Court in Louisiana orders new judge as drug case requires 4th sentencing


(AP) – A federal appeals court in Louisiana removed a judge from the case of a convicted cocaine trafficker whose sentence has been overturned three times, saying the sentencing judge failed to consider the defendant’s “extraordinary cooperation” with authorities.

The 5th Circuit Court of Appeals ordered that a new judge be assigned for the fourth sentencing for Broderick D. Mathes, who pleaded guilty to cocaine possession with intent to distribute and other federal charges after being indicted along with his brother in 2014.

At his first sentencing in 2018, U.S. District Court Judge Shelly Dick sentenced Mathes to 17 1/2 years in prison. After that punishment was thrown out on appeal, the same judge sentenced him to 13 years and four months, which was also overturned. Regardless, Dick gave Mathes the exact same sentence when the case returned to her a third time.

“We do not question the good faith or integrity of the sentencing judge,” the appeals court said in its latest order Wednesday. “Nonetheless, under these rare and unusual circumstances, we instruct the district court to reassign the case to another judge for resentencing.”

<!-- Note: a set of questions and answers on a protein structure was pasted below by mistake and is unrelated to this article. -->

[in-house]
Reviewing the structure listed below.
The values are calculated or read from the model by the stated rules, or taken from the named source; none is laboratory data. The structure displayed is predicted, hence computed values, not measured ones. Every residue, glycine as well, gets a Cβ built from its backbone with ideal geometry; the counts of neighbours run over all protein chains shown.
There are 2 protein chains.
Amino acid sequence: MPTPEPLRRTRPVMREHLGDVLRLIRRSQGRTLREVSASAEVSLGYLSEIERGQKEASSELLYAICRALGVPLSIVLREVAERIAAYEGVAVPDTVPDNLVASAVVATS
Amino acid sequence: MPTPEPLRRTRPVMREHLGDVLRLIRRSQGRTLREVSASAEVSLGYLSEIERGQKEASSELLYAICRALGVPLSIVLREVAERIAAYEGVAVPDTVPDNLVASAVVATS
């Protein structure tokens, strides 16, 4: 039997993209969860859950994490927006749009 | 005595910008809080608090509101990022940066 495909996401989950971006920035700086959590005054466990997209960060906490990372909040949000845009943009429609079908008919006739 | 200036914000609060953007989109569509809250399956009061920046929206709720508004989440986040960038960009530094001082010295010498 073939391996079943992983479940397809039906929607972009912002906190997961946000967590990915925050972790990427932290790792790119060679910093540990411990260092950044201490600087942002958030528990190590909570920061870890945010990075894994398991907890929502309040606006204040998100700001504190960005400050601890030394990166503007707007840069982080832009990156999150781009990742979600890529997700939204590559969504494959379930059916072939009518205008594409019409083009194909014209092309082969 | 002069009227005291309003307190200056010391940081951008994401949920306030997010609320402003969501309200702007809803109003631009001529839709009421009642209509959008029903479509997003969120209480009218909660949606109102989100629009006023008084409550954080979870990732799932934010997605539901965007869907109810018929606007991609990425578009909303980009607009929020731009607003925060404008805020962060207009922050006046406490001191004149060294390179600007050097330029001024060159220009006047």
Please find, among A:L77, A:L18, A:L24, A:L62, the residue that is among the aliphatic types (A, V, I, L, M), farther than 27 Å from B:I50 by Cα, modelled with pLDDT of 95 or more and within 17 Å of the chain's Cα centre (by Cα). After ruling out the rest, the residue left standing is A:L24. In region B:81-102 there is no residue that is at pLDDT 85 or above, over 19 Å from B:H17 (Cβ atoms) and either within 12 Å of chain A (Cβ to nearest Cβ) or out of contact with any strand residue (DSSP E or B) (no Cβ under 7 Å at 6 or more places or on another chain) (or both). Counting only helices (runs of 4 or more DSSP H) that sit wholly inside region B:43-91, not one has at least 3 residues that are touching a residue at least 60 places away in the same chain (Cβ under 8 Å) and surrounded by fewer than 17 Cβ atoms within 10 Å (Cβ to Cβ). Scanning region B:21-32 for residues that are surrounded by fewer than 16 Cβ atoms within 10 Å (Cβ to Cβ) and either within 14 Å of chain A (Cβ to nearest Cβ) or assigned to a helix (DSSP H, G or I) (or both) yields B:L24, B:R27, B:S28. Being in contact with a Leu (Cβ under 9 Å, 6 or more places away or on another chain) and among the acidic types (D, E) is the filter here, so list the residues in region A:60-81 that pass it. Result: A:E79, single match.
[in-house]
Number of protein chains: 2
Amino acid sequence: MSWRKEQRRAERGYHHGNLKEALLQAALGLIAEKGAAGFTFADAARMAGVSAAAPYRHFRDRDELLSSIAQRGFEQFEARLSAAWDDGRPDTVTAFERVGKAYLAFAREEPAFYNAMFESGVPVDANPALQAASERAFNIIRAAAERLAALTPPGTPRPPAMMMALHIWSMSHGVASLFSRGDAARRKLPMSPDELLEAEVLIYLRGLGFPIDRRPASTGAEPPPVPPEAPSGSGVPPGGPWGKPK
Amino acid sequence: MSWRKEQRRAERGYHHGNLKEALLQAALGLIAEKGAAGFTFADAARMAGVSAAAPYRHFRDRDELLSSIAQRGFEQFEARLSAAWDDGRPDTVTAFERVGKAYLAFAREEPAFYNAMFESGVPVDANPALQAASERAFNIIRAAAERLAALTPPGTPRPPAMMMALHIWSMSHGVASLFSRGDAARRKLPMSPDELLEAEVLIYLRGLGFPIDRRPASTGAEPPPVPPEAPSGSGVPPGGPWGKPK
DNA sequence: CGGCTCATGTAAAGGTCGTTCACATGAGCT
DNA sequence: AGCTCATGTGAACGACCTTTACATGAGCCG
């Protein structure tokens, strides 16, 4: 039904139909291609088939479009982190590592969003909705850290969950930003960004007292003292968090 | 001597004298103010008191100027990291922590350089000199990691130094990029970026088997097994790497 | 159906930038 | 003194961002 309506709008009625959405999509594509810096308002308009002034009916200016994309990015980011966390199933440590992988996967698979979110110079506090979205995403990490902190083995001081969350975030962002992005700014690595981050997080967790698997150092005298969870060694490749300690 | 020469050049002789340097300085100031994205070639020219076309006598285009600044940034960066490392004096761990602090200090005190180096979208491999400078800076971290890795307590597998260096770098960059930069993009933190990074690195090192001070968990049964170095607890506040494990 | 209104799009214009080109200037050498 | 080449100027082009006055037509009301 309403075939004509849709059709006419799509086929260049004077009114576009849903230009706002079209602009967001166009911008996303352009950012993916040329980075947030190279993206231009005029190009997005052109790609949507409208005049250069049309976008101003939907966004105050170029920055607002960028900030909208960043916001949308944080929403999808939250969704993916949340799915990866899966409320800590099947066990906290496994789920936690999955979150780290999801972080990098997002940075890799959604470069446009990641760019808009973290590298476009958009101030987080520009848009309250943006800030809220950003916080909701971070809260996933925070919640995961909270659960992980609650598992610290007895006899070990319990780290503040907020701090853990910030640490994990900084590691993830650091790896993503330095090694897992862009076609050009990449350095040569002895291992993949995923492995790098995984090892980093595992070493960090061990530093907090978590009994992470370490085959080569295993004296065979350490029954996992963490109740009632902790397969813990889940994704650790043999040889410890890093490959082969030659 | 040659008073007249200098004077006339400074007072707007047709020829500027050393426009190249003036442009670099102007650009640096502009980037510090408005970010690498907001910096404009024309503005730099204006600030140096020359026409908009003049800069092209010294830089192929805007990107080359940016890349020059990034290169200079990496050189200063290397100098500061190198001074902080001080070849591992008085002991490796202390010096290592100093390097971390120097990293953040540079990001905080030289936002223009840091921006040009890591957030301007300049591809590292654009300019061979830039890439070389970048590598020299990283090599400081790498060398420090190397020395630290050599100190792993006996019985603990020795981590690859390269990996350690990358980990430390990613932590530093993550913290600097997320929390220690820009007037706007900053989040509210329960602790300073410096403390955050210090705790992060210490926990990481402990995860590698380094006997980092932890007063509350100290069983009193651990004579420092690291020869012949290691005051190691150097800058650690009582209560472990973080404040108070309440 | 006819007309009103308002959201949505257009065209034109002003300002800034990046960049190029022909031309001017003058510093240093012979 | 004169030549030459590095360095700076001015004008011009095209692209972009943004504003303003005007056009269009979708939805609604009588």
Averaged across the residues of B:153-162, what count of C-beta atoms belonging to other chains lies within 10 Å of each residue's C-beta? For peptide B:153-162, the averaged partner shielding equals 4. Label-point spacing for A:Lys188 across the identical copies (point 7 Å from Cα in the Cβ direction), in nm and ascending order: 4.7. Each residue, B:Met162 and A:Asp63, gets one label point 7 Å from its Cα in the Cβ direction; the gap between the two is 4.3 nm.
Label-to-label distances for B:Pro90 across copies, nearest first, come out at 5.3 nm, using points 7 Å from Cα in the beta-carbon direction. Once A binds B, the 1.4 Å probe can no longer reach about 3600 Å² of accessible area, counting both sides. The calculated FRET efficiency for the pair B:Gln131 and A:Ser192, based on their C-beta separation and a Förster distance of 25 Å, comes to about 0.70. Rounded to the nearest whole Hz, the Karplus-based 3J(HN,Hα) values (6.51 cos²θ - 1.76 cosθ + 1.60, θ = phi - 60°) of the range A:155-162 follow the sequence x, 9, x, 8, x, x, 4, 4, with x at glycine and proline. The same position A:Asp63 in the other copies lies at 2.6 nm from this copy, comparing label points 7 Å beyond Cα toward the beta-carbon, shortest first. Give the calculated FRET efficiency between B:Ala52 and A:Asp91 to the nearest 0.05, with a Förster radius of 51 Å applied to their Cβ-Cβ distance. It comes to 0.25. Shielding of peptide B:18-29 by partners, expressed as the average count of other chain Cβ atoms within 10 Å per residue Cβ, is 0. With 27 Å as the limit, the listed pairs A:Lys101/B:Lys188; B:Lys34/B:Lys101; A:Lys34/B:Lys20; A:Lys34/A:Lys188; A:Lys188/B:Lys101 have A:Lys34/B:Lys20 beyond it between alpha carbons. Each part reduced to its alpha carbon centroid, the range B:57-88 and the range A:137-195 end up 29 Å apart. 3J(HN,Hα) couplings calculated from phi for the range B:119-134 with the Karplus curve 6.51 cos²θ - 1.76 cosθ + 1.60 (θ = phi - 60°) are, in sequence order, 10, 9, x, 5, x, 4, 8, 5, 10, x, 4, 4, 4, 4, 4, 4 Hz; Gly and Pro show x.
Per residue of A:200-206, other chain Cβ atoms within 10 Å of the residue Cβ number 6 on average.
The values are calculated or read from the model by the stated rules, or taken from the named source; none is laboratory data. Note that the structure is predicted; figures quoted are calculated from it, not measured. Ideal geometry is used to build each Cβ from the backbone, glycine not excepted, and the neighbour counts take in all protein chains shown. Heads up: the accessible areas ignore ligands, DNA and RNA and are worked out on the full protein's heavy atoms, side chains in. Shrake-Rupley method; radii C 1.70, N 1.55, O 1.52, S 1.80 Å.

It noted that ordering a new judge to take over a case is a power that should “rarely be invoked,” The Advocate reported.

The appeals court noted in its latest ruling that Mathes cooperated for four years with federal authorities and testified against his brother, Wilbert Mathes, at his 2016 trial.

Wilbert Mathes, the court said, had threatened to kill his brother. In rejecting Broderick Mathes’ second sentence a year ago, the appellate judges wrote that he had “risked his life by cooperating with the government.”

Dick had explained during one of Mathes’ prior sentencings that she had given him prison terms above the federal guideline range because his brother is serving a 27-year sentence for essentially the same crimes. Dick said she was trying to avoid unwarranted disparities in the brothers’ sentences.

Dick told the newspaper it would be inappropriate for her to comment on an appeals court ruling.

Mathes’ attorney, Franz Borghardt, said Dick is consistently fair and just.

“We feel the decision speaks for itself and we will prepare for resentencing,” Borghardt said.

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